“Thank you, Gov. Cuomo, for taking time to do a more complete health study,” said Ono, who has a home in the Delaware County town of Franklin. “We look forward to the results, and time for public comment afterwards. We love you, Governor.”
A spokesman for the pro-drilling group, Energy in Depth, John Krohn, attacked the latest delay in a process that began more than four years ago.
“At the eleventh hour, Gov. Cuomo’s senior staff announce that three studies, none of which are expected to be complete anytime soon, are the cause for the most recent delay,” Krohn said. “Meanwhile, state and federal regulators have stated natural gas development is a safe process and entire states are seeing their economies transformed.”
Sandra Steingraber, the Ithaca College scholar in residence who leads New Yorkers Against Fracking, said the state must complete a comprehensive health study before making a decision about issuing permits.
“Commissioner Shah is correct that the state needs to take the time to do a comprehensive study of the health effects of fracking to protect the public health,” she said.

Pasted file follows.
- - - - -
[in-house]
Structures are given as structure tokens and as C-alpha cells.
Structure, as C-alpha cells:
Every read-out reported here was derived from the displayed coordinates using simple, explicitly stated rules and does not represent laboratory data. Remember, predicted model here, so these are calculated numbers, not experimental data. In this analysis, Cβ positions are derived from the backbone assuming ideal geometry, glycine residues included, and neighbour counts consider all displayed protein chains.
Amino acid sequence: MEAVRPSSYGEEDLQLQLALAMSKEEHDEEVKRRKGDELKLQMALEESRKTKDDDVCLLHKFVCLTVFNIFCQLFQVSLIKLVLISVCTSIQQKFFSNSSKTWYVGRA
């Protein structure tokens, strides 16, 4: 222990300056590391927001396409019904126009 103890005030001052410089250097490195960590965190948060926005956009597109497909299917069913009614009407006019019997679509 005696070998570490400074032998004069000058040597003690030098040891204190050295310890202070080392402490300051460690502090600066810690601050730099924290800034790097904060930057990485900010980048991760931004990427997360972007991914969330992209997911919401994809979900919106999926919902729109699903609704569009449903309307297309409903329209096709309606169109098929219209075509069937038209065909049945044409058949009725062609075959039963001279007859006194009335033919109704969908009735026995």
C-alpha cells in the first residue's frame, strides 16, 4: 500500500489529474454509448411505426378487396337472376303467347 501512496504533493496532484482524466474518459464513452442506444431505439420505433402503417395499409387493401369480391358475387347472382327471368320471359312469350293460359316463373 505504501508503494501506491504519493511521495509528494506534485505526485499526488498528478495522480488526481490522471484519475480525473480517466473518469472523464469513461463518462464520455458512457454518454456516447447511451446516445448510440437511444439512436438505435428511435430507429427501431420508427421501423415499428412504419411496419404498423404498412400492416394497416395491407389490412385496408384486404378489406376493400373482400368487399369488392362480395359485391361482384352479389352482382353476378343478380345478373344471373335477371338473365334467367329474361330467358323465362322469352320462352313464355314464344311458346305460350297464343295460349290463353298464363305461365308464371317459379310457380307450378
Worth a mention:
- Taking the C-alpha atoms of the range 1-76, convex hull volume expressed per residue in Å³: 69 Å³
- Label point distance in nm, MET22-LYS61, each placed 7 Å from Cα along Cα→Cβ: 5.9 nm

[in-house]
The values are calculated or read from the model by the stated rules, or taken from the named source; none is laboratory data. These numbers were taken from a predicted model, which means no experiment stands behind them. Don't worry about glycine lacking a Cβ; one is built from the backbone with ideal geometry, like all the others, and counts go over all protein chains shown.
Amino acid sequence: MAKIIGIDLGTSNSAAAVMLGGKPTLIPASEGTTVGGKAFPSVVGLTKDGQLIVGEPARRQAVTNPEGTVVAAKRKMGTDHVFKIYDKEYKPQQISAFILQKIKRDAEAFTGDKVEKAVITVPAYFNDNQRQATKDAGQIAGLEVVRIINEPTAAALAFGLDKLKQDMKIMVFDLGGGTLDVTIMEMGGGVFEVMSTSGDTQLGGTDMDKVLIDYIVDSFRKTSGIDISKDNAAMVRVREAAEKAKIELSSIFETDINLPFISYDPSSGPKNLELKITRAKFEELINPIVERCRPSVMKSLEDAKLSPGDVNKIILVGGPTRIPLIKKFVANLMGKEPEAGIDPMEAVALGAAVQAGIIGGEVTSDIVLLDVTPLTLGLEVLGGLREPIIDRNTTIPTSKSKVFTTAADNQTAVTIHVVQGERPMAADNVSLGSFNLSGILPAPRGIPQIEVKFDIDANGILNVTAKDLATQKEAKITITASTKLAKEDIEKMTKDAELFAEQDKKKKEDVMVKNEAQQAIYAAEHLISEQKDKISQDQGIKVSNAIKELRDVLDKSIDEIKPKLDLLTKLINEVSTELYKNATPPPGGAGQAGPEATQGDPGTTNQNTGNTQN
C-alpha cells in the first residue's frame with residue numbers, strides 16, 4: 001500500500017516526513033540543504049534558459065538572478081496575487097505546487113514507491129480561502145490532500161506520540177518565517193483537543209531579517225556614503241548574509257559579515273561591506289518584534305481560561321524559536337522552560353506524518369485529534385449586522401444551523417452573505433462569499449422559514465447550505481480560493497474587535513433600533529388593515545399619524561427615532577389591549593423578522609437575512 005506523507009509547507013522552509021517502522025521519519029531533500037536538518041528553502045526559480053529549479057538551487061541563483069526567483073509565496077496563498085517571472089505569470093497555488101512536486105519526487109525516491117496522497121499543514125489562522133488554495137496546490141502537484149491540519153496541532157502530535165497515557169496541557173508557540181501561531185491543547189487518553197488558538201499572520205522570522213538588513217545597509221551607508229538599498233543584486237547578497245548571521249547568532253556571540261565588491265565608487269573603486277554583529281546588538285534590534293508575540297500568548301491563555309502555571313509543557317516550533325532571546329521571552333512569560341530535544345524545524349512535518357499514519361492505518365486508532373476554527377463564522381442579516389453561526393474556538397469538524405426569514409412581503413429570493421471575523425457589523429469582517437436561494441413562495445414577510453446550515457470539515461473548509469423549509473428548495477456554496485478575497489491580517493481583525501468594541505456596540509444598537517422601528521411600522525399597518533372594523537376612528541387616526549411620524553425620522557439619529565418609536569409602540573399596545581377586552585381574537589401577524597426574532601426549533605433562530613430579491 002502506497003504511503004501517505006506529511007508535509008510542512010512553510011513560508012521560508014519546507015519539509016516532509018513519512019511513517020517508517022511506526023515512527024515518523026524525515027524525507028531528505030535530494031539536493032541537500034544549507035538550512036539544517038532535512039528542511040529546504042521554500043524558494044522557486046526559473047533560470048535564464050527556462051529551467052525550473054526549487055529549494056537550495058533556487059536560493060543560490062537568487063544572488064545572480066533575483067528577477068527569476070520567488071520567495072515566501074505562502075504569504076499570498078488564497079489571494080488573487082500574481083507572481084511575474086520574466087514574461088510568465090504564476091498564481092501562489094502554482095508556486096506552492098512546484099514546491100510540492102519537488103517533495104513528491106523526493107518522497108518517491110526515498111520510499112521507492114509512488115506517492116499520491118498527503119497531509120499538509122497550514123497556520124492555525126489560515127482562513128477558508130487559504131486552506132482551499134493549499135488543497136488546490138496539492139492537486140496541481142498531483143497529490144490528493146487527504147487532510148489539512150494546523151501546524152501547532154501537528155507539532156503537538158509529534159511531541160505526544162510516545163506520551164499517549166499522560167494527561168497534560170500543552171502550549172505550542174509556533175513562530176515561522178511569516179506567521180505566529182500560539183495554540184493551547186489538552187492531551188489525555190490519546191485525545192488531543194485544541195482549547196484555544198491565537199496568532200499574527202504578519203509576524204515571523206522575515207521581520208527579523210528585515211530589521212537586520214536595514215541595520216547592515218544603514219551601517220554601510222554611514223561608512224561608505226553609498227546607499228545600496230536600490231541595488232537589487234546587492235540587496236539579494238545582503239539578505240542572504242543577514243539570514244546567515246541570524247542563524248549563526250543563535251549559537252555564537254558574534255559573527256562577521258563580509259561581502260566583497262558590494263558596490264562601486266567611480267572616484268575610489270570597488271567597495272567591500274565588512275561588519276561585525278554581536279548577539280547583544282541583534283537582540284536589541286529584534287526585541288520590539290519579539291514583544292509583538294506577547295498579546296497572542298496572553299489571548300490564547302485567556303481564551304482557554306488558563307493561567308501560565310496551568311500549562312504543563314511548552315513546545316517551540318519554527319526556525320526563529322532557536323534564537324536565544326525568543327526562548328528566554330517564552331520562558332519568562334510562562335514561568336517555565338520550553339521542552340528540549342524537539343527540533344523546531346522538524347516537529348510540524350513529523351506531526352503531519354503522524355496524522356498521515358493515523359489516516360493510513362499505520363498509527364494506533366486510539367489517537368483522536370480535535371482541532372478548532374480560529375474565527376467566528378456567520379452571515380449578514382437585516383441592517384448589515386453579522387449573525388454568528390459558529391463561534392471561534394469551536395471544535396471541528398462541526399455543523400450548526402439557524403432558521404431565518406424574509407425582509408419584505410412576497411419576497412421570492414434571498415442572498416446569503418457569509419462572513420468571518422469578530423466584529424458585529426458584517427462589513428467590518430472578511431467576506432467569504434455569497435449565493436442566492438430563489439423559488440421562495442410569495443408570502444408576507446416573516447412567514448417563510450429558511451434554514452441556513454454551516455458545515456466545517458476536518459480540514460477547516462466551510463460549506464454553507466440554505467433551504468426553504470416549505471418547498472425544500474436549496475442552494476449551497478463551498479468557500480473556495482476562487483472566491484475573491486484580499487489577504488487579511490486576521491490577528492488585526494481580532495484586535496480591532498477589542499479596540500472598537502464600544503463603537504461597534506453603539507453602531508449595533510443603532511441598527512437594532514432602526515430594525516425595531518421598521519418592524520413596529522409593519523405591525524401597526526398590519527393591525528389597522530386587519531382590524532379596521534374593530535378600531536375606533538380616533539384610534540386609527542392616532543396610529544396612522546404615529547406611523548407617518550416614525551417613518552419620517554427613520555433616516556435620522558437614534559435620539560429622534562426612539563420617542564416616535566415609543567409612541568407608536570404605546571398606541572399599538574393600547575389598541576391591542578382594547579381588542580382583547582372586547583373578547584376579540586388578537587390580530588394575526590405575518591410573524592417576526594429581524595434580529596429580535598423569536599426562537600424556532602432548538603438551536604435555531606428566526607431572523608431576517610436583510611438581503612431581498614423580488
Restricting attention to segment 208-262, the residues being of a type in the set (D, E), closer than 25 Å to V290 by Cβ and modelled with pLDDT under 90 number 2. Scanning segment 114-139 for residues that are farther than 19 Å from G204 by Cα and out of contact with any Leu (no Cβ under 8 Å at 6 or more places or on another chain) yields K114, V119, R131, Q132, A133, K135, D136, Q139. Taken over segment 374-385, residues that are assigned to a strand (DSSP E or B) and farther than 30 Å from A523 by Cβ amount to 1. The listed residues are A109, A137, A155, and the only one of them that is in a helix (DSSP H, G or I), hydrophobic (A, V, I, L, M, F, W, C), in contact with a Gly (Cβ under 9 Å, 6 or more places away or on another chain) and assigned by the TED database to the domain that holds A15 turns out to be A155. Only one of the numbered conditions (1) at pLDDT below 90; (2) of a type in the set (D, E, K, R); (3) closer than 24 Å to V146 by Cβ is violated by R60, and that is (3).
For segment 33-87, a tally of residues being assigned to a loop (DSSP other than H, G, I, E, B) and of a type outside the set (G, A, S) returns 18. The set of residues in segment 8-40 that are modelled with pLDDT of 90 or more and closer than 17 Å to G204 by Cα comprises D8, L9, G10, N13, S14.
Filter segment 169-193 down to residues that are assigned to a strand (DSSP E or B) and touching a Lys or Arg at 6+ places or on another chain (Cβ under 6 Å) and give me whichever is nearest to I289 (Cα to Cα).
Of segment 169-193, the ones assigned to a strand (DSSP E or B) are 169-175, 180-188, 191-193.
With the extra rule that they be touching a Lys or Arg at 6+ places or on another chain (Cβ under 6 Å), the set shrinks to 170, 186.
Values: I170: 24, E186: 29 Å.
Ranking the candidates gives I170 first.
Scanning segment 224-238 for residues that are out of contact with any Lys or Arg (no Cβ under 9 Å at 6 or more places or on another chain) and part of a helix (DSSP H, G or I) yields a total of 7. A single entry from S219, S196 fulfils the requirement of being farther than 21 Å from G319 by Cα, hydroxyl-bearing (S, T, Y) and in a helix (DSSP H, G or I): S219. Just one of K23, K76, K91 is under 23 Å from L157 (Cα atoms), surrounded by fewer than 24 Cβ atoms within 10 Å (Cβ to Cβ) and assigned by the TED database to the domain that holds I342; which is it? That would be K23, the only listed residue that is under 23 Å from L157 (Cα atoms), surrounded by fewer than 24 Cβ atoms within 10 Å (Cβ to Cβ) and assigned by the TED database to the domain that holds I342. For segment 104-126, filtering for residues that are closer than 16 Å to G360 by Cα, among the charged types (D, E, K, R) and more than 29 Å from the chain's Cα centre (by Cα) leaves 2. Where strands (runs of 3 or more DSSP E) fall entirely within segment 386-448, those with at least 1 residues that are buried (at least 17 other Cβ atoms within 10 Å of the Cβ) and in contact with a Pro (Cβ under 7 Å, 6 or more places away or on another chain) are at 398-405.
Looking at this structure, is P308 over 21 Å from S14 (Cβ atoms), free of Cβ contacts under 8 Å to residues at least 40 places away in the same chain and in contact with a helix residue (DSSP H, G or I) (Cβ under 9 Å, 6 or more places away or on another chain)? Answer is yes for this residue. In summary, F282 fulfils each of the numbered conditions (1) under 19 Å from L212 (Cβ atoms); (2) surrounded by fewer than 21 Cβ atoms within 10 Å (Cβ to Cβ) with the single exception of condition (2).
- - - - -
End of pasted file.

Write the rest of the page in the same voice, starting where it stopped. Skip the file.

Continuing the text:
A spokeswoman for the state Petroleum Council, Karen Moreau, said her group, based on the assurances provided by Martens, was pleased that the delay in the health study would not create delays for issuing drilling permits. Predicting that the outcome will pave the way to fracking in New York, she said: “We also know that it can and must end with a decision to move forward with creating jobs in the Southern Tier.”
Ellen Pope, executive director of the environmental group Otsego 2000, said the Cuomo administration’s decision to extend the health study “is the responsible thing to do.”
“It allows more time for Dr. Shah and his experts to review the data that is coming to the surface,” said Pope, noting there are “troubling” indications that fracking is responsible for health problems detected in both livestock and people.